The Daiya founders’ stated motivation is that they hope Otsuka’s acquisition of Daiya will enable the company to reach more people and help them to follow a plant-based lifestyle. Let’s just take this claim at face value, for now. Is it absurd? Of course, not.
I’ve written before about the advantages of big business getting into plant-based (see Beyond Meat and Tyson and here), and I’ll only summarize them briefly here. Big companies have a lot more means at their disposal than small companies. They have bigger and wider distribution channels and a bigger customer base. With their money, they can obviously increase advertising and expose more and more people to Daiya, or any vegan product. They can boost R&D; so, new products can be developed and old ones can be made even better. Last but not least: once a company stands to win from the sales of plant-based products, it is logical to assume that their antagonism to veganism/plant-based alternatives will decrease.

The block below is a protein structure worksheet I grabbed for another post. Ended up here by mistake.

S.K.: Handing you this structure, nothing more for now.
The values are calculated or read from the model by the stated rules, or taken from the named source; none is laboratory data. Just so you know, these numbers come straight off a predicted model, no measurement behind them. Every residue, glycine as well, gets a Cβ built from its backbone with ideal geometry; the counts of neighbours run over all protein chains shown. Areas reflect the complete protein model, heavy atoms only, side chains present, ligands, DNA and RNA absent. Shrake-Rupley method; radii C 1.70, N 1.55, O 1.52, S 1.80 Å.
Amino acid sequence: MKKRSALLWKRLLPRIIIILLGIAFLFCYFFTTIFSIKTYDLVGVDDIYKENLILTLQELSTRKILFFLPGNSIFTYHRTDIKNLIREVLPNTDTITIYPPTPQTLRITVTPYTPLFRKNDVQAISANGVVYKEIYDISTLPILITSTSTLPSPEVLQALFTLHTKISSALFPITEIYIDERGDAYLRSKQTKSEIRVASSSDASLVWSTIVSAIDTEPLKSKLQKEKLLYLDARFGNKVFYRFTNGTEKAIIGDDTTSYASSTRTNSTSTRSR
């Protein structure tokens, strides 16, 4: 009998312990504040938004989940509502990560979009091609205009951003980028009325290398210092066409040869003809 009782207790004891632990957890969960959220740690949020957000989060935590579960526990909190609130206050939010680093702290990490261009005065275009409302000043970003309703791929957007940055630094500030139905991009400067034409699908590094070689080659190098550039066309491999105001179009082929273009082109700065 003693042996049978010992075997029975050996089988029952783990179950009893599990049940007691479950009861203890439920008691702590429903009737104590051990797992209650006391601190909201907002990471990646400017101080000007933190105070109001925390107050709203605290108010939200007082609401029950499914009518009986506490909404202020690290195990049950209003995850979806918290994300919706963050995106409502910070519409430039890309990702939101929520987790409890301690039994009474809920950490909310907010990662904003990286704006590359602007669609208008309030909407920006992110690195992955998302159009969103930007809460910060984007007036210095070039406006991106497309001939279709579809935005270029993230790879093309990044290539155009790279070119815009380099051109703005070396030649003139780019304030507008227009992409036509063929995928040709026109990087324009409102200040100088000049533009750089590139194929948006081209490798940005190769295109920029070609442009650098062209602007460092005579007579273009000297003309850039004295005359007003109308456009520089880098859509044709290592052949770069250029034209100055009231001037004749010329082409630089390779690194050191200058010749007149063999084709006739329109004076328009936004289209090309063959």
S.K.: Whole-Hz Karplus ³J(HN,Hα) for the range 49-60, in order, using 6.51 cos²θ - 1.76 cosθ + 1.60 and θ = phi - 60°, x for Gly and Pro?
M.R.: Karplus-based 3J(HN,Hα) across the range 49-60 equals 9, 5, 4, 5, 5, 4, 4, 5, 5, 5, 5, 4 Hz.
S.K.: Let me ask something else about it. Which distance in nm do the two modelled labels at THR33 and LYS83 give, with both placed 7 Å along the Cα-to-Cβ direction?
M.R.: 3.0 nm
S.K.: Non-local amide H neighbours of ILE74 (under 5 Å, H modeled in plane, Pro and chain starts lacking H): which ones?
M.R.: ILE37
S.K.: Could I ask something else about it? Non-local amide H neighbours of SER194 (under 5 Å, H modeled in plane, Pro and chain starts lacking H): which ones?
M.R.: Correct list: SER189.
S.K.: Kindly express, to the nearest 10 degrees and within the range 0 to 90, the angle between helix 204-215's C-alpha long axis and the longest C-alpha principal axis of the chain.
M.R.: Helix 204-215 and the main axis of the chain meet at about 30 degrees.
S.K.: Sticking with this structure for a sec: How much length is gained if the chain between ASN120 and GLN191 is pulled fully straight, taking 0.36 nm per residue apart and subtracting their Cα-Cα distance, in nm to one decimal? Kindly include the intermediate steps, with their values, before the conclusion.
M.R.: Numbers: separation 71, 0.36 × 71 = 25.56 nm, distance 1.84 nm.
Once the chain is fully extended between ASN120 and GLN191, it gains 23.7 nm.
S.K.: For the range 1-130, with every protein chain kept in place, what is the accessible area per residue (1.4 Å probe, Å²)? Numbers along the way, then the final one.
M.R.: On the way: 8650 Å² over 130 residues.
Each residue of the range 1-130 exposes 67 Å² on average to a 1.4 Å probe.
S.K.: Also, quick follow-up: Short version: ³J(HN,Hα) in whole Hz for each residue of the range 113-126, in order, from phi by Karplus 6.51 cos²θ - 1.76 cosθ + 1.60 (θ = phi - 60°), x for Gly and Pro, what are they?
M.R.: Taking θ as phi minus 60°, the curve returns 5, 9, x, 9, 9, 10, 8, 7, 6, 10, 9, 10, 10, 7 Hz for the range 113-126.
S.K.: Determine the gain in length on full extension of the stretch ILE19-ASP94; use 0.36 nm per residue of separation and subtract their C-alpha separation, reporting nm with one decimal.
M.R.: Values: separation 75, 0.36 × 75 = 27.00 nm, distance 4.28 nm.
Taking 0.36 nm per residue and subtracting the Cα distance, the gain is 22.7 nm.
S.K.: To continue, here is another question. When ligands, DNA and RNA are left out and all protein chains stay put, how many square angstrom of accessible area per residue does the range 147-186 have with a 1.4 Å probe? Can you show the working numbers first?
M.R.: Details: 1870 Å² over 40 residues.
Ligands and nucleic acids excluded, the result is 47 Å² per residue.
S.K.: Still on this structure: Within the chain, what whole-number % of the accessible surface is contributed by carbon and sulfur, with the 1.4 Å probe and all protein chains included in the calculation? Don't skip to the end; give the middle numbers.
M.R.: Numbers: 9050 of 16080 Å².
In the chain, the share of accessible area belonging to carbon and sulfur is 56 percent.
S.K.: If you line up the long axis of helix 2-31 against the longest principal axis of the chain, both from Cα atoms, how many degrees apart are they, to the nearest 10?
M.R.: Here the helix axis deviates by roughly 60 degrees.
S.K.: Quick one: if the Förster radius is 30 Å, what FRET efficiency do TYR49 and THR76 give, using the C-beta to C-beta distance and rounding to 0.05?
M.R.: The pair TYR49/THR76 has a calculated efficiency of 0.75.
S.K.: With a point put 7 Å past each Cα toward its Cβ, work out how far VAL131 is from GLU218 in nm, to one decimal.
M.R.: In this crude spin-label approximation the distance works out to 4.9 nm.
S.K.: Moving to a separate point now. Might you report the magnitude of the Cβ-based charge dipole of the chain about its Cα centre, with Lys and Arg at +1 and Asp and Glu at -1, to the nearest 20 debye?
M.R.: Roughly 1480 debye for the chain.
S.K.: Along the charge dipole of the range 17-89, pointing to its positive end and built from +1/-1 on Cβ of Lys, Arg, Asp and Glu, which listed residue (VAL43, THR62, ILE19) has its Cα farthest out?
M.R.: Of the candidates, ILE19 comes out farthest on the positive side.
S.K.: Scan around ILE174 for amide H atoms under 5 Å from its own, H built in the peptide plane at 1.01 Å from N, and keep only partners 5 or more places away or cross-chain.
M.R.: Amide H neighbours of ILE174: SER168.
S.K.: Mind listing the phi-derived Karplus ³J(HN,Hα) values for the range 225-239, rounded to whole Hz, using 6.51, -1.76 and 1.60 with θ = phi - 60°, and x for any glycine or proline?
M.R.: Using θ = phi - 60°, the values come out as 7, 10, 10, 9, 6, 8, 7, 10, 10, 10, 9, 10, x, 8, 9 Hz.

Playing the definition game

A part of the vegan community jealously guards the definition of vegan products and veganism (the initiator of the petition is called “keeping veganism vegan”). Are Daiya products still vegan?  To me, this is a boring question, but let’s see. It is possible to define “vegan” so strictly that we rule out almost anything. It is reasonable to say that a requirement for a product to be vegan is that it doesn’t contain any animal ingredients. I’m comfortable enough with this, as a definition.